The paradise-like climate has come and gone. It’s the spring of our lives, the nourishment of our souls, the month of patience, the month of the Quran, the month of mercy – Ramadan. Once again, it graced us with its presence, bringing happiness to our faces and warmth to our hearts. Now is the time to bid it farewell, to long for its return, and to start looking forward to its arrival once more. Ramadan is a month so special that even its farewell offers us the gift of a “holiday,” reminding Muslims to remember one another, strengthen their bonds, and bring joy to the elderly and children alike.
This divine gift, this legacy of the final Prophet, Ramadan is celebrated and cherished like an ancient festival. Every year, we eagerly anticipate its arrival and make preparations. But what are these preparations that we speak of?
In our country, the usual preparations are well-known. People wear their finest clothes, visit graves and elders, distribute sweets, and give Eidi (gifts or money) to the young. But what preparations do Muslims in other countries make? What are the unique Eid traditions around the world?
How do we know when Eid has arrived in Egypt? You see it from the colorful lanterns adorning homes, workplaces, and streets. These lanterns, called Ramadan lanterns by Egyptians, are considered symbols of happiness, signaling the arrival of Eid.
According to a weak Hadith, our Prophet Muhammad, peace be upon him, used to apply kohl to his eyes three times before sleeping. In our tradition, applying kohl to the eyes is considered a Sunnah (practice). Yemeni men have been following this tradition for centuries, applying kohl to their eyes during Eid.
In Indonesia, there’s a unique way of greeting each other during Eid: “Mohon maaf lahir dan batin,” which means, “I seek forgiveness with all my heart, for my physical and spiritual shortcomings.” For them, it’s a way to reconcile and seek forgiveness from one another.
Indonesians also have a tradition of “Takbiran Walks.” On the night of Eid, they fill the streets, either on foot or in cars, chanting “Takbir” to celebrate.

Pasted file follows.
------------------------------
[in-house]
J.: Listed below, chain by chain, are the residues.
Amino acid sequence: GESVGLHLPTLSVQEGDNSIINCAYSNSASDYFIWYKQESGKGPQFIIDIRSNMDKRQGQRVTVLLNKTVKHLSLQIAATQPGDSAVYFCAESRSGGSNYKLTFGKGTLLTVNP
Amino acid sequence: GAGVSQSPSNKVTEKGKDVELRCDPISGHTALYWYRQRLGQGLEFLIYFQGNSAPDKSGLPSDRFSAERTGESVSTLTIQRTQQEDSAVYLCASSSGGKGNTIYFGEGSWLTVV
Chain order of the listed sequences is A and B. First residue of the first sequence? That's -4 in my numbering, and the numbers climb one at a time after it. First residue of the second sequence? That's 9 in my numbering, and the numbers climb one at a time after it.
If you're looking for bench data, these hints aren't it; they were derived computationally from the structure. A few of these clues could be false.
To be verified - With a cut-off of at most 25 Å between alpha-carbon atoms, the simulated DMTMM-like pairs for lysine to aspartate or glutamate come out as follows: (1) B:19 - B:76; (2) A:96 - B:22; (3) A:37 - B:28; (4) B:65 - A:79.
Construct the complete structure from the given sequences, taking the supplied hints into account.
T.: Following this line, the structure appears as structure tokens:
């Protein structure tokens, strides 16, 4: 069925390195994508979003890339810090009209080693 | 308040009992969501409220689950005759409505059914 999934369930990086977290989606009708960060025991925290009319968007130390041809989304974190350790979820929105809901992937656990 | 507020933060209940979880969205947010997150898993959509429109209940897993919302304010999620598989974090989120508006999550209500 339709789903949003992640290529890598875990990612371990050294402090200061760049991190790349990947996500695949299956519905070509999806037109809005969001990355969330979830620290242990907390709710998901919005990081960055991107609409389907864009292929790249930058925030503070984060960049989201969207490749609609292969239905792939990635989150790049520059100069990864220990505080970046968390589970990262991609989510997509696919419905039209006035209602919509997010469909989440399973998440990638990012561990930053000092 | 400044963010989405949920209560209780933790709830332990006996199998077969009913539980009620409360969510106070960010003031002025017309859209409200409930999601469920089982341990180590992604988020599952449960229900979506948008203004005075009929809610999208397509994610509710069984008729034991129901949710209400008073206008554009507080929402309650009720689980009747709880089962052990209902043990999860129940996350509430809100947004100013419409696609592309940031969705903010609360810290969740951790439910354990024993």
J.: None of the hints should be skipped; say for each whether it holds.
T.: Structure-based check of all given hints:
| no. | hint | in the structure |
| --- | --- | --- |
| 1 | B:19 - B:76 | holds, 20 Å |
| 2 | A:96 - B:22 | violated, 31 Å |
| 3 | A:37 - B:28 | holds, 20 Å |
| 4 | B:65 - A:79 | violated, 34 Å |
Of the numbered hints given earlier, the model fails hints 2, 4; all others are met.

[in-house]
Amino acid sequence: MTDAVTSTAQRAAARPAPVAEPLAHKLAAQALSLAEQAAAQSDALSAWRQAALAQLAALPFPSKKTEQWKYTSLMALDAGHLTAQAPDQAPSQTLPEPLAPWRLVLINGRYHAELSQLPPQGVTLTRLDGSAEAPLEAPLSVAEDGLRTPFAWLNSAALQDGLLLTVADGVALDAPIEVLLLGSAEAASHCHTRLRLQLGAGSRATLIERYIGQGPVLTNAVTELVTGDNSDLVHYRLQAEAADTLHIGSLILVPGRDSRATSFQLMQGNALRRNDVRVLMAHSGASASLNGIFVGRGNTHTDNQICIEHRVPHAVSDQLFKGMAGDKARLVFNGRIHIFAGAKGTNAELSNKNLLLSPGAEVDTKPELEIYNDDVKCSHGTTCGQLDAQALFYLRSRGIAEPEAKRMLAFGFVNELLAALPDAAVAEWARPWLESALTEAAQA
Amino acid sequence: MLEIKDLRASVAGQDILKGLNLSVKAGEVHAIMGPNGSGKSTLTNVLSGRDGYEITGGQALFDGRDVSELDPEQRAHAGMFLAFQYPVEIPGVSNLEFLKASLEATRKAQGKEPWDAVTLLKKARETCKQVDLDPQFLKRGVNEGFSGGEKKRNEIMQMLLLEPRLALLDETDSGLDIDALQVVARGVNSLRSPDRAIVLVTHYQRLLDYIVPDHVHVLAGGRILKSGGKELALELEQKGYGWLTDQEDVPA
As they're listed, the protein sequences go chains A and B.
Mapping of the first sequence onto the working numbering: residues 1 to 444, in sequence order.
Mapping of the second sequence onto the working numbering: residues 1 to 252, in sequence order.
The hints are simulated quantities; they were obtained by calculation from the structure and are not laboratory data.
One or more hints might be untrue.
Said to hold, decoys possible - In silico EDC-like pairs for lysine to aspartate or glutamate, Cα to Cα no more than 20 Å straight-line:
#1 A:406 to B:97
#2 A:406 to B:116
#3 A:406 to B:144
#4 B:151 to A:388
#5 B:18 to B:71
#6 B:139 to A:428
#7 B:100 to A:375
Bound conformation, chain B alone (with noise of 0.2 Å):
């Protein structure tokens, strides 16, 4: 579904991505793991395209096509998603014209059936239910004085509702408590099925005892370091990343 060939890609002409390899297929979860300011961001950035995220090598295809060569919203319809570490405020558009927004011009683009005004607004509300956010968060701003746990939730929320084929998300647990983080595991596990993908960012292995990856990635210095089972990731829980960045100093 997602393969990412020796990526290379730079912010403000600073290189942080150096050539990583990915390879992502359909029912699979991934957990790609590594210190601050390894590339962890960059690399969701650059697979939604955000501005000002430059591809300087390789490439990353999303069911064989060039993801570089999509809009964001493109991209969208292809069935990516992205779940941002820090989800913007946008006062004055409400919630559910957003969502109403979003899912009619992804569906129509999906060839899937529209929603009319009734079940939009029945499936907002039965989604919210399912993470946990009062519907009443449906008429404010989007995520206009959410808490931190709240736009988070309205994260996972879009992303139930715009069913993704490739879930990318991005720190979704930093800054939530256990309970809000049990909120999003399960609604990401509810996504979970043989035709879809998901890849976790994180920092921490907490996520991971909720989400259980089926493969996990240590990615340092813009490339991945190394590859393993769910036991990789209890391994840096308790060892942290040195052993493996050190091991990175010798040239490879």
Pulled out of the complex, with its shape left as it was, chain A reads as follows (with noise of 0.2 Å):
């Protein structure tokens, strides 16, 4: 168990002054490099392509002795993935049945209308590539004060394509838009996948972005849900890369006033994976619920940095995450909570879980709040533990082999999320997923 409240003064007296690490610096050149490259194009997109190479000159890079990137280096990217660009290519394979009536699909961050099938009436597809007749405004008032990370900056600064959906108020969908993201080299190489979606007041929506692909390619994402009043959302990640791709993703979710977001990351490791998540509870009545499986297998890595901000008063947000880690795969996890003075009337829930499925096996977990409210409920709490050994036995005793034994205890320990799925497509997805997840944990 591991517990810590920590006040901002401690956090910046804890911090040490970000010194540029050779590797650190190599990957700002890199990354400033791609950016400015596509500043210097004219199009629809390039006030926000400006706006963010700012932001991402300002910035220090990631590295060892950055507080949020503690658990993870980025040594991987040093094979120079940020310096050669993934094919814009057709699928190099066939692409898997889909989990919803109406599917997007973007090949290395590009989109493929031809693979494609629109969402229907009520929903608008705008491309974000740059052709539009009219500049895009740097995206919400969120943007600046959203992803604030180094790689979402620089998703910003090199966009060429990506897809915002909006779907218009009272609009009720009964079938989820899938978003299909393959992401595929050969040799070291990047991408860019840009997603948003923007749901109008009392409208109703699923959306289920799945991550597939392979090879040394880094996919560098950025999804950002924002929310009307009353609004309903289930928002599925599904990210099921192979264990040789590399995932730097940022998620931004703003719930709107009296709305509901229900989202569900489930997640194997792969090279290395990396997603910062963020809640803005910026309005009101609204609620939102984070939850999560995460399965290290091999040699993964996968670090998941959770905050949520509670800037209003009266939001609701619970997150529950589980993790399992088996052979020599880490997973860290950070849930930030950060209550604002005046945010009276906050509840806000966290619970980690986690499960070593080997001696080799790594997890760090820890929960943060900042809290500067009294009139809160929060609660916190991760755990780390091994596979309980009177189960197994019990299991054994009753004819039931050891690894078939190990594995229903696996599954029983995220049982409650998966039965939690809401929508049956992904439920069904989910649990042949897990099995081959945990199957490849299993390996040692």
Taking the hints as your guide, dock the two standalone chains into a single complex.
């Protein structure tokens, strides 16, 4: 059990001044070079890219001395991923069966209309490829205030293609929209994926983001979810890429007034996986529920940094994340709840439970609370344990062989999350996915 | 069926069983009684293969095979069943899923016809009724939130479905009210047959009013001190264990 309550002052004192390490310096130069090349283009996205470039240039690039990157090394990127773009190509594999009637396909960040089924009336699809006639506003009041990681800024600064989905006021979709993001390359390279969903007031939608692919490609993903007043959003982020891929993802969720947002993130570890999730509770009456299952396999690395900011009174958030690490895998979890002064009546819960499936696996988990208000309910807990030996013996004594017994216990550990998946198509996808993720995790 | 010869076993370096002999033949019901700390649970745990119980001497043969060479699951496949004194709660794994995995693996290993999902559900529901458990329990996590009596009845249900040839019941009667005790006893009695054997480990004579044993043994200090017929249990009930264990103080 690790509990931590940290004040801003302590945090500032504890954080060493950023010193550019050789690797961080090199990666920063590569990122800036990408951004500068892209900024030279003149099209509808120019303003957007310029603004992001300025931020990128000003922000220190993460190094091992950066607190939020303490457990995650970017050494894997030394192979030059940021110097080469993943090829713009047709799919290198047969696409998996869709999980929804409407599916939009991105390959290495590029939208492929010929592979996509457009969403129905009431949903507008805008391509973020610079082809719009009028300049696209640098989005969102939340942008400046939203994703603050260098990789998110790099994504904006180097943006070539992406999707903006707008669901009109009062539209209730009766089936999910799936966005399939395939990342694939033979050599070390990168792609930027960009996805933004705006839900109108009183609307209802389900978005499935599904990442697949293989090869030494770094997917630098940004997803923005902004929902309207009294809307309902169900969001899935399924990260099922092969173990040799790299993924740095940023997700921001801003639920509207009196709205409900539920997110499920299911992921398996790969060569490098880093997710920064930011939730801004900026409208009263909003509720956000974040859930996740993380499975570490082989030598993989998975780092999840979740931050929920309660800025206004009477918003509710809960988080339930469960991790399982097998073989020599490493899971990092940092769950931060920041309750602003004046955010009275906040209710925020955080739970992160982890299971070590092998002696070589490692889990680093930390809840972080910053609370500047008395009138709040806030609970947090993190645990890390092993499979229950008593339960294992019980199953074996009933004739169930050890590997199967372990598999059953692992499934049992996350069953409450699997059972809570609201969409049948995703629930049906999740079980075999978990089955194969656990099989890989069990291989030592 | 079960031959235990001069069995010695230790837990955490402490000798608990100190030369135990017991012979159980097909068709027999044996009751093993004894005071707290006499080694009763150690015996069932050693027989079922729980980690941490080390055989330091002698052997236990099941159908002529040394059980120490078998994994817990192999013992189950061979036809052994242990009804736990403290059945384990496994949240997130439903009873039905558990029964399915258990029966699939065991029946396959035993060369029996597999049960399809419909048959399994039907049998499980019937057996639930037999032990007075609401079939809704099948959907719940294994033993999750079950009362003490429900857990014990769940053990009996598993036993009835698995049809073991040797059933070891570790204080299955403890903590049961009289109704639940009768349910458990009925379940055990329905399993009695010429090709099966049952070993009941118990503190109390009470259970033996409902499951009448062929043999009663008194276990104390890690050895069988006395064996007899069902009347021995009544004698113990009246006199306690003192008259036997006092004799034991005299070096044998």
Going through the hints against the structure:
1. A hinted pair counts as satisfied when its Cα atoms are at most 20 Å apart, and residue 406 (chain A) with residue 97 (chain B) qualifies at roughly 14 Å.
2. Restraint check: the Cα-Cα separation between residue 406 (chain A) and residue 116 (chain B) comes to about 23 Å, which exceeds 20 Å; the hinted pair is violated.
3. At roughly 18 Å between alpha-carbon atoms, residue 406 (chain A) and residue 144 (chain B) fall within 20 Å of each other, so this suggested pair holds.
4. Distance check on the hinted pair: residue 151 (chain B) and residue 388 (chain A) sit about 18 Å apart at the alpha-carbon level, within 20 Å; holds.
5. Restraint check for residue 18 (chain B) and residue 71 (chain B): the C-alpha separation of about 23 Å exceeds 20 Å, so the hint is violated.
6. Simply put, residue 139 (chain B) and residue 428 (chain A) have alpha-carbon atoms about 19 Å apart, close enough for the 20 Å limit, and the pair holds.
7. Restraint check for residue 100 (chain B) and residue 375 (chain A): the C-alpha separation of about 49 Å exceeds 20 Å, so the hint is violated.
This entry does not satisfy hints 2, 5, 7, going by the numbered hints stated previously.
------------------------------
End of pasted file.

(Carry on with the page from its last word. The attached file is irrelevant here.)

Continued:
Another fascinating Indonesian tradition is Padusan, where people believe that by bathing in rivers or lakes, they cleanse themselves both physically and spiritually, drawing closer to God.
Lastly, there’s a tradition we might wish to adopt: Open House. Government officials open their homes to the public, serving sweets in a buffet-style feast during Eid.
One of the significant Eid traditions in Pakistan is the Chaand Raat celebrations. These festivities involve setting up grand Iftar dinners in open areas. Women gather to wear colorful bangles and apply henna patterns to their hands.
Kyrgyzstan has a traditional Eid event called Ca Ramazan. Starting from the 15th day of Ramadan, children and young people go door-to-door, either on foot or on horseback, to visit every house, reciting prayers, wishes, and good intentions through their unique musical instruments. In return, they receive various gifts from the community and then distribute them to those in need.
Muslims in Nigeria celebrate Eid al-Fitr with the 600-year-old tradition of “Hawan Daushe,” which involves Horse Processions. Prearranged groups of young men, along with horses specially adorned for the occasion, parade through the streets in elaborate attire, celebrating the holiday with the public.
In South Africa, the announcement of Eid’s arrival is marked by the “Hilal” seekers, who come to Cape Town every year to participate in Maan Kyker festivities. This tradition has become a regular part of the festivities, as in South Africa, Eid doesn’t begin until the Maan Kykers, or Moon Observers, announce it.